Page 14 - British Inquiry into Loss of RMS Titanic Day 27 - 31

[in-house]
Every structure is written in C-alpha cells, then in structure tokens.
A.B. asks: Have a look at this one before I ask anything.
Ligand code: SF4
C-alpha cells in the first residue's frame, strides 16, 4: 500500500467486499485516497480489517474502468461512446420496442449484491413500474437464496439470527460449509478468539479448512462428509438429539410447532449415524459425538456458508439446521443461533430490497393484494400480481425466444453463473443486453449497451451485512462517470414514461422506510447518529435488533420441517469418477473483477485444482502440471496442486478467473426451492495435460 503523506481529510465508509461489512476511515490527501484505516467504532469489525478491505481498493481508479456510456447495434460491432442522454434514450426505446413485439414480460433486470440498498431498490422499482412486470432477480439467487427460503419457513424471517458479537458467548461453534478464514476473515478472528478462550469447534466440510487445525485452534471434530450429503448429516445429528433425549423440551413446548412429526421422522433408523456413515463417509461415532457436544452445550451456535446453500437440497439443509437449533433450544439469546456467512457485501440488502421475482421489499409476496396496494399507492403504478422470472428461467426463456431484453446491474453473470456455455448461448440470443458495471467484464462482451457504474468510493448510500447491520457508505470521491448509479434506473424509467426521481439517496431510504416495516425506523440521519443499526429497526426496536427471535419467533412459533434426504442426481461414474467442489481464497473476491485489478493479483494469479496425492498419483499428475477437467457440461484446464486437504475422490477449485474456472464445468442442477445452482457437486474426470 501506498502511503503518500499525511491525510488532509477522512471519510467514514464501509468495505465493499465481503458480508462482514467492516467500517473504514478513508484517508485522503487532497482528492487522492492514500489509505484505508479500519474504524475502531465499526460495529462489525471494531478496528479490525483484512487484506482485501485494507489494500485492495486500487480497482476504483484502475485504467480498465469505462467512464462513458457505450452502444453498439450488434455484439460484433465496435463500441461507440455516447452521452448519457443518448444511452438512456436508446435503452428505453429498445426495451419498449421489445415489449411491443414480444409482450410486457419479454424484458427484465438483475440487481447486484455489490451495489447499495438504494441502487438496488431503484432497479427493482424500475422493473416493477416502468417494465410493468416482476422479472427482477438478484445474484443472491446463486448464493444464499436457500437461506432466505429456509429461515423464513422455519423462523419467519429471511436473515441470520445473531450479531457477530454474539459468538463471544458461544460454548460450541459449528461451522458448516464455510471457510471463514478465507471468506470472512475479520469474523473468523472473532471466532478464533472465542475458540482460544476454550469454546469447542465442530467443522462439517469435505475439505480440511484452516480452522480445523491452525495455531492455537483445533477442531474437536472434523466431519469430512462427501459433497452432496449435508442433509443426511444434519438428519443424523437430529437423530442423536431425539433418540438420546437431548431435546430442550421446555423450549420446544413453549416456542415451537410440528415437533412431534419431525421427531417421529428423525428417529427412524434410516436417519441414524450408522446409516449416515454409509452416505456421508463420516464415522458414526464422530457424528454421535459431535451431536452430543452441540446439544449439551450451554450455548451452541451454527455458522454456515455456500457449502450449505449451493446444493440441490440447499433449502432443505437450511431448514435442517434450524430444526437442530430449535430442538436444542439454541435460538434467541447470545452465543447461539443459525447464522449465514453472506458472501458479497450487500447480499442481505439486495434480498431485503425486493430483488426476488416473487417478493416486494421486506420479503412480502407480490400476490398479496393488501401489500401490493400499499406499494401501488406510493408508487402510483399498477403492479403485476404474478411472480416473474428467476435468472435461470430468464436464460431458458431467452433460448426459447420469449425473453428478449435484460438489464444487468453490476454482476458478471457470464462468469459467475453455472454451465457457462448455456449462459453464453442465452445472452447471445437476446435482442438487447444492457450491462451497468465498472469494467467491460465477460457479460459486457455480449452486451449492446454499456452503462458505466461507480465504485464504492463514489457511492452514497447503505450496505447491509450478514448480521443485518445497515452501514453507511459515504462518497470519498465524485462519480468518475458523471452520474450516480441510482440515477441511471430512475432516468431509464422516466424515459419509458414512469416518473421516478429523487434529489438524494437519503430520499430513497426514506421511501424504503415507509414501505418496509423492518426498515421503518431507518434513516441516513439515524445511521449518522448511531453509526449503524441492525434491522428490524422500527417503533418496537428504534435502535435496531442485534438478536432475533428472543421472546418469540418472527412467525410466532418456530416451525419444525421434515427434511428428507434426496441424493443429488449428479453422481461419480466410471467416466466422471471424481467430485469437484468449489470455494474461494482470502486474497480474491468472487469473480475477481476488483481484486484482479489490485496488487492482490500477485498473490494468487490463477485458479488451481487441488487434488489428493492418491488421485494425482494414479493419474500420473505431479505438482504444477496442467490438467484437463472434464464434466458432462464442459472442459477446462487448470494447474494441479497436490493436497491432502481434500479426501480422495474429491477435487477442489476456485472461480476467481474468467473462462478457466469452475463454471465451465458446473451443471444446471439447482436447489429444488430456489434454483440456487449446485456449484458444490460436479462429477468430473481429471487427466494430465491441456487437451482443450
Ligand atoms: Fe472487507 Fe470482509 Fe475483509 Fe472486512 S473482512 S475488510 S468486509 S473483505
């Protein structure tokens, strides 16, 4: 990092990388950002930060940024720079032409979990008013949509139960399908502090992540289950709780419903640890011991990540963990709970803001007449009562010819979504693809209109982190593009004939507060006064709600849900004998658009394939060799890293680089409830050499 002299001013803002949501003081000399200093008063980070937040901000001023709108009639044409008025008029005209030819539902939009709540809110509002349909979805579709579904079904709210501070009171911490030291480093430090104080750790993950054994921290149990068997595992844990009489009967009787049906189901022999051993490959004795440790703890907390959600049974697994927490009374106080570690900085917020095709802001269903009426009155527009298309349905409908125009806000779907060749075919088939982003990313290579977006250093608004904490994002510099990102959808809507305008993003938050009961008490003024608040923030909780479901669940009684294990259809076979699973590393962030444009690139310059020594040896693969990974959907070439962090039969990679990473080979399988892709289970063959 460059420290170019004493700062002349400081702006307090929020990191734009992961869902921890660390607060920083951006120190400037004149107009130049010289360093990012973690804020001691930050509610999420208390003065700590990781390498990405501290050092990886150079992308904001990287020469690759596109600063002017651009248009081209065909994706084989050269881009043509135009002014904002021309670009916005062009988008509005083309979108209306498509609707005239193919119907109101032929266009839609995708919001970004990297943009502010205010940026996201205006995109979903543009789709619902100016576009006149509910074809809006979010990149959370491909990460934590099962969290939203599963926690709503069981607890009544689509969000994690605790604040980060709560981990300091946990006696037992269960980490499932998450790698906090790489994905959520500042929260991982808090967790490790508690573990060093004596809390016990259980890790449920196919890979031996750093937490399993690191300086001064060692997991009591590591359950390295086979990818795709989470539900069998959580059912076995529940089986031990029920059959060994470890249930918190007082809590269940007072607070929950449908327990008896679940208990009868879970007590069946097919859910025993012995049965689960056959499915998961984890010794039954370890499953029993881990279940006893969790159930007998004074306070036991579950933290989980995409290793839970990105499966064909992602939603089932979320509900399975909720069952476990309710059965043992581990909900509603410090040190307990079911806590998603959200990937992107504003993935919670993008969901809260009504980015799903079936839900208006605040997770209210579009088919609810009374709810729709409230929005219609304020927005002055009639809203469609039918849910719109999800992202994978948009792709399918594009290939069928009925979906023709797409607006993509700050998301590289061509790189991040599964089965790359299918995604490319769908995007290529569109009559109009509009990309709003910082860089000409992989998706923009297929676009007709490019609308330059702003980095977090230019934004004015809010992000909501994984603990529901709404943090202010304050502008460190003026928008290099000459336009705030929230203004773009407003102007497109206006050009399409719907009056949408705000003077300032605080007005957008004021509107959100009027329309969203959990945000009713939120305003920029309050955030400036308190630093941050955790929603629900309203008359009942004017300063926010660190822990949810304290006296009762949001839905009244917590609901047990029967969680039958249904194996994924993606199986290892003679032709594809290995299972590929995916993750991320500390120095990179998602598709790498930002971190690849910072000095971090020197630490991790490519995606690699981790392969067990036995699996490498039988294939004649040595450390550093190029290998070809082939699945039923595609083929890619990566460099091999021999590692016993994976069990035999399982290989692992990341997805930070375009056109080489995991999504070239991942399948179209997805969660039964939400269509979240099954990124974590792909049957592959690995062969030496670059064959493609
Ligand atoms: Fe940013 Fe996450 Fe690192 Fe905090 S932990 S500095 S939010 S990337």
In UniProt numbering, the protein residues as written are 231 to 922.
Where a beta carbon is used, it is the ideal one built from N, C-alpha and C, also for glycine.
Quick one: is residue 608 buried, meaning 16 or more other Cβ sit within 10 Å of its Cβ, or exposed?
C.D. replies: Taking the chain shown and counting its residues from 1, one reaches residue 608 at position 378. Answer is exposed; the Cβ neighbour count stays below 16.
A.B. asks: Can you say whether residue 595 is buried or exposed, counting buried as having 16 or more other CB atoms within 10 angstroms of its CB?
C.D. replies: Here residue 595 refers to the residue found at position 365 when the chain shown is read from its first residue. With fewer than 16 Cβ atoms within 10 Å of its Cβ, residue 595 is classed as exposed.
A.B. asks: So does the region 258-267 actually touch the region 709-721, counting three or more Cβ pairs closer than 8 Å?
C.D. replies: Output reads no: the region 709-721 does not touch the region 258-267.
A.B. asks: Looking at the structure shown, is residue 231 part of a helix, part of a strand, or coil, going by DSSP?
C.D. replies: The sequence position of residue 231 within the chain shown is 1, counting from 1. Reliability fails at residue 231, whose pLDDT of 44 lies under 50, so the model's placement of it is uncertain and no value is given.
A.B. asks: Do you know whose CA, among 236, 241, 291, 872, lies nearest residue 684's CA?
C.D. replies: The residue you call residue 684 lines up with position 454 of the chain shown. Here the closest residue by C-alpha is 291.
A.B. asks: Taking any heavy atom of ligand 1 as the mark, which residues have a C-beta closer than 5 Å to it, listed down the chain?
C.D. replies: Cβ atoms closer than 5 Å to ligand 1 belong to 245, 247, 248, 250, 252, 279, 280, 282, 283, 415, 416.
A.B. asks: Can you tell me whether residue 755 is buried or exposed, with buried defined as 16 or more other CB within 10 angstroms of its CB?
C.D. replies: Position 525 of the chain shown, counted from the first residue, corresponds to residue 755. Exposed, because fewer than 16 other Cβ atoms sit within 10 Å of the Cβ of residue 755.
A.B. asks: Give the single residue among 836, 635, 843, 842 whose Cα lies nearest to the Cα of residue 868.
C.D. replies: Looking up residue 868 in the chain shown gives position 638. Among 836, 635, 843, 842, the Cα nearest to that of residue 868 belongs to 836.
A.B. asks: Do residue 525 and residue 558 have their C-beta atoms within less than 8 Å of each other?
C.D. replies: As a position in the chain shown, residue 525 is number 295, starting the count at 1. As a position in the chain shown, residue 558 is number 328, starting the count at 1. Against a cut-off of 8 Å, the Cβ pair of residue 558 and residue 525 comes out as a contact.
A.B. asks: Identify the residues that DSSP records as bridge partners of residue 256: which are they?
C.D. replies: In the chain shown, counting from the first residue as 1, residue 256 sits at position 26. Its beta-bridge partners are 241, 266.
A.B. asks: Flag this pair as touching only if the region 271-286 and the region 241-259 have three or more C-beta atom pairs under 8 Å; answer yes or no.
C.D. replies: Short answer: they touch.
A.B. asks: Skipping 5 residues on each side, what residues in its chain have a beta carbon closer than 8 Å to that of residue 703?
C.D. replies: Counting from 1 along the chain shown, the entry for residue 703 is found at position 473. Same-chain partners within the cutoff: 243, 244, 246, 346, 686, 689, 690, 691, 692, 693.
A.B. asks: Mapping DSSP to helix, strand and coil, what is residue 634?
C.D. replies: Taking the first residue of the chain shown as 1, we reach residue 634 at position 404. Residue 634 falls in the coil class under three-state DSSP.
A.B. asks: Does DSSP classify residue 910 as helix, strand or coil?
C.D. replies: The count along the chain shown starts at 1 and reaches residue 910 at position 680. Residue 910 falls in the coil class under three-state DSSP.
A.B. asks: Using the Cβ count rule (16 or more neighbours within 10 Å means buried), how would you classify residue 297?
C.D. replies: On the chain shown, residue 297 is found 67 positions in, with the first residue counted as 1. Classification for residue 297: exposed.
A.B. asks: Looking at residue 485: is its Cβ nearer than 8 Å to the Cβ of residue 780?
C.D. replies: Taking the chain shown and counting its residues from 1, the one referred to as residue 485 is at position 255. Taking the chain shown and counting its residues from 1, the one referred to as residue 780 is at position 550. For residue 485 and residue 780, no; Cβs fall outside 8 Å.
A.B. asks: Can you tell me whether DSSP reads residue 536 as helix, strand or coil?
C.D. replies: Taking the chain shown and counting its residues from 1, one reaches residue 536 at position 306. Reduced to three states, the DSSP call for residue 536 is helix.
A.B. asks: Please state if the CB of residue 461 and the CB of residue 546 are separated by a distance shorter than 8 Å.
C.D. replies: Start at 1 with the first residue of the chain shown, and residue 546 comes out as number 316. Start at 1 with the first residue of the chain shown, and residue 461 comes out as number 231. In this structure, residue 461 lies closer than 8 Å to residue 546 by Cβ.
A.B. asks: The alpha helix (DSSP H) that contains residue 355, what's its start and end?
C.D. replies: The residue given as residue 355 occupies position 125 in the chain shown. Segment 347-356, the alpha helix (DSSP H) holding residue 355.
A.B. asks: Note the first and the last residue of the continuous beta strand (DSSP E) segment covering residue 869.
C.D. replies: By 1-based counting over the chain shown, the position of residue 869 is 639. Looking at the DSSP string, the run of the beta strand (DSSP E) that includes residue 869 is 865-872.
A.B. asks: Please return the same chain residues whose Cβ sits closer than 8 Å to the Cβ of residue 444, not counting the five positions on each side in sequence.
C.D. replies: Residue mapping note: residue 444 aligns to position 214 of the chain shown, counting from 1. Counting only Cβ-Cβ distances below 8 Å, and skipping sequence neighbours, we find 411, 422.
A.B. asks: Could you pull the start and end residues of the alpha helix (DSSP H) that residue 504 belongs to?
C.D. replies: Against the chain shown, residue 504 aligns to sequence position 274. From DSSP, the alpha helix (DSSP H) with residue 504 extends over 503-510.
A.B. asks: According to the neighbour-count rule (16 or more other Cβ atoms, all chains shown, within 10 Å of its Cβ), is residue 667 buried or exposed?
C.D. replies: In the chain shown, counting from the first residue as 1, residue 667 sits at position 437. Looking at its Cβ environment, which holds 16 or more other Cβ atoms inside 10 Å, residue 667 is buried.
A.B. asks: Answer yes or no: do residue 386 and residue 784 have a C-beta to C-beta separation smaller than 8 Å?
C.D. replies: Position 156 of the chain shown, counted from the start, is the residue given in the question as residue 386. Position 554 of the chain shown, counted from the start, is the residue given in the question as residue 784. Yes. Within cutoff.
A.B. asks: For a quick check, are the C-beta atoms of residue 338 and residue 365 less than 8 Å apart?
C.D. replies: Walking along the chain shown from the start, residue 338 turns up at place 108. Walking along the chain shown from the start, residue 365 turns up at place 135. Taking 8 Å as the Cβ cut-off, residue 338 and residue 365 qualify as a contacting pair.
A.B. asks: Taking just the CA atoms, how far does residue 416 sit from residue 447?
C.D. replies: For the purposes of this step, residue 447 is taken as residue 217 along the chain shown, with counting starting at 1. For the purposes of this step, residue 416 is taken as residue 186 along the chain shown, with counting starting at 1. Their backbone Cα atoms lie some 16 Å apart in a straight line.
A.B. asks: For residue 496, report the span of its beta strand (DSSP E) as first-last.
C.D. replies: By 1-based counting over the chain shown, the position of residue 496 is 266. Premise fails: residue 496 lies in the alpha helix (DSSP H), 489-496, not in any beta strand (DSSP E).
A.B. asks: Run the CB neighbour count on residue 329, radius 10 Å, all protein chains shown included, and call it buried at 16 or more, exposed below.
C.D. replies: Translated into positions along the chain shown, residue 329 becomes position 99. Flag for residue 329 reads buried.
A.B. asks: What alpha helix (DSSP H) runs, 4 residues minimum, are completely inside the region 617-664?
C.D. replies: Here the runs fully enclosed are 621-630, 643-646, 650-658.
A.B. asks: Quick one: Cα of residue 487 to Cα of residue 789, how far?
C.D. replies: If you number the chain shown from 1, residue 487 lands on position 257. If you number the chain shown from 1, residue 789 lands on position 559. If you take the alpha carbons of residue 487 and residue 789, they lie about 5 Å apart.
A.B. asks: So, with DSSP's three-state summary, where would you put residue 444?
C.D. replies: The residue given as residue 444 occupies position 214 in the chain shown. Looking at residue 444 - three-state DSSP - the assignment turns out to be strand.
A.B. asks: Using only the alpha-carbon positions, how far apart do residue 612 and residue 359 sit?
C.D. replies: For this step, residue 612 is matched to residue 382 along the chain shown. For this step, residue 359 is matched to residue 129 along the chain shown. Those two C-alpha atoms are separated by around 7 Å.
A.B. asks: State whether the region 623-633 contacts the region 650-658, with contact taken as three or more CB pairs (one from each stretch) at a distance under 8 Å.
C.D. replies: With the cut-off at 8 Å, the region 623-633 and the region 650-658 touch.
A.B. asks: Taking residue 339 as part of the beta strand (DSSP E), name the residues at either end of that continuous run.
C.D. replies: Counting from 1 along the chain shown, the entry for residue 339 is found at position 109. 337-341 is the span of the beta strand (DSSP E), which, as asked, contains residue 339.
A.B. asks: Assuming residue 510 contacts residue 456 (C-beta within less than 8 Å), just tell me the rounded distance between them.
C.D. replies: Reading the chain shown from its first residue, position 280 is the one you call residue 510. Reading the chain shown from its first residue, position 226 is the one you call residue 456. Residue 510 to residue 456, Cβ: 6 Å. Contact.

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this question: “What vessel had the opportunity of rendering assistance to the “Titanic,” and, if any, how was it that assistance did not reach the ‘Titanic’ before the ‘Carpathia’ arrived?” The Commissioner: Will that involve my dealing with the “Frankfurt.” The Attorney-General: Well, only a reference. It is quite simple, I think. The only one that gives any difficulty with regard to this - any examination - is the “Californian.” As to the “Mount Temple,” you have the evidence about that. That question will cover the “Californian.” The Commissioner: Yes. The Attorney-General: Those are all the additions that I want to make. Sir Robert Finlay: I understand, my Lord, that it has been arranged that my friends who appear for the various parties admitted by leave will address the Court first. The Commissioner: The course that I understand is to be taken, and which I should approve, is that Mr. Scanlan should begin, and deal with this case. Then I shall ask Mr. Edwards, and I hope that Mr. Edwards will be able to obtain the consent of some of the gentlemen to his dealing with their arguments whatever they may be. Will you do that, Mr. Edwards? Mr. Edwards: Yes, I can already say, my Lord, that Mr. Cotter agrees. The Commissioner: I shall listen to Mr. Scanlan first, as he has been, as a Rule, the first Counsel to examine the Witnesses, and then I shall call upon you, Mr. Edwards, and I want as many of the gentlemen who appear on that side of the Court as can be induced to do it, to entrust the case, so far as they are concerned, to you, so that you may deal, not only with your own arguments, but with theirs. It is in order to save some of the speeches. And then after I have listened to you there is a gentleman over there whom I have not seen for quite a long time, Mr. Lewis, and he is not here now. Mr. Edwards: I can already tell your Lordship that, acting upon a suggestion, Mr. Cotter has asked me to address your Lordship upon those points which otherwise he would have had to address you upon, and I believe I shall be able to make the same statement, from information which has been conveyed to me, with regard to Mr. Lewis. As to the others, I will put myself into communication with them. The Commissioner: Do as much as you can. I daresay Mr. Harbinson (I say this because I think it) would desire to address me himself. Then there is Mr. Dunlop, who appears for the “Californian,” and I think I must listen to him, as I do not think he can leave his case in anybody else’s hands. And then after I have dealt with all those, then, Sir Robert, I shall ask you to address me, and finally the Attorney-General. The Attorney-General: Yes, my Lord. Sir Robert Finlay: Then my friend, Mr. Laing, my Lord - The Commissioner: Mr. Botterell, do you want to speak? Mr. Botterell: No, my Lord, I do not think I can usefully employ the time of the Court by any observations. The Commissioner: That is the best speech I have heard for some time. Mr. Scanlan: I understand Mr. Holmes said he would like to address your Lordship. He is not here at the moment. The Attorney-General: Mr. Wilding has to be called on the turning circle, and also I propose to get from him something else - The Commissioner: There are two things Mr. Wilding must formally do. I understand he has made a diagram to show the space in which the vessel could turn. The Attorney-General: Yes. The Commissioner: I want him to come into the box and prove that diagram. Then there is another diagram which he produced showing what the condition of the “Mauretania” would have been having had a similar accident to that which happened to the “Titanic.” The Attorney-General: Yes.
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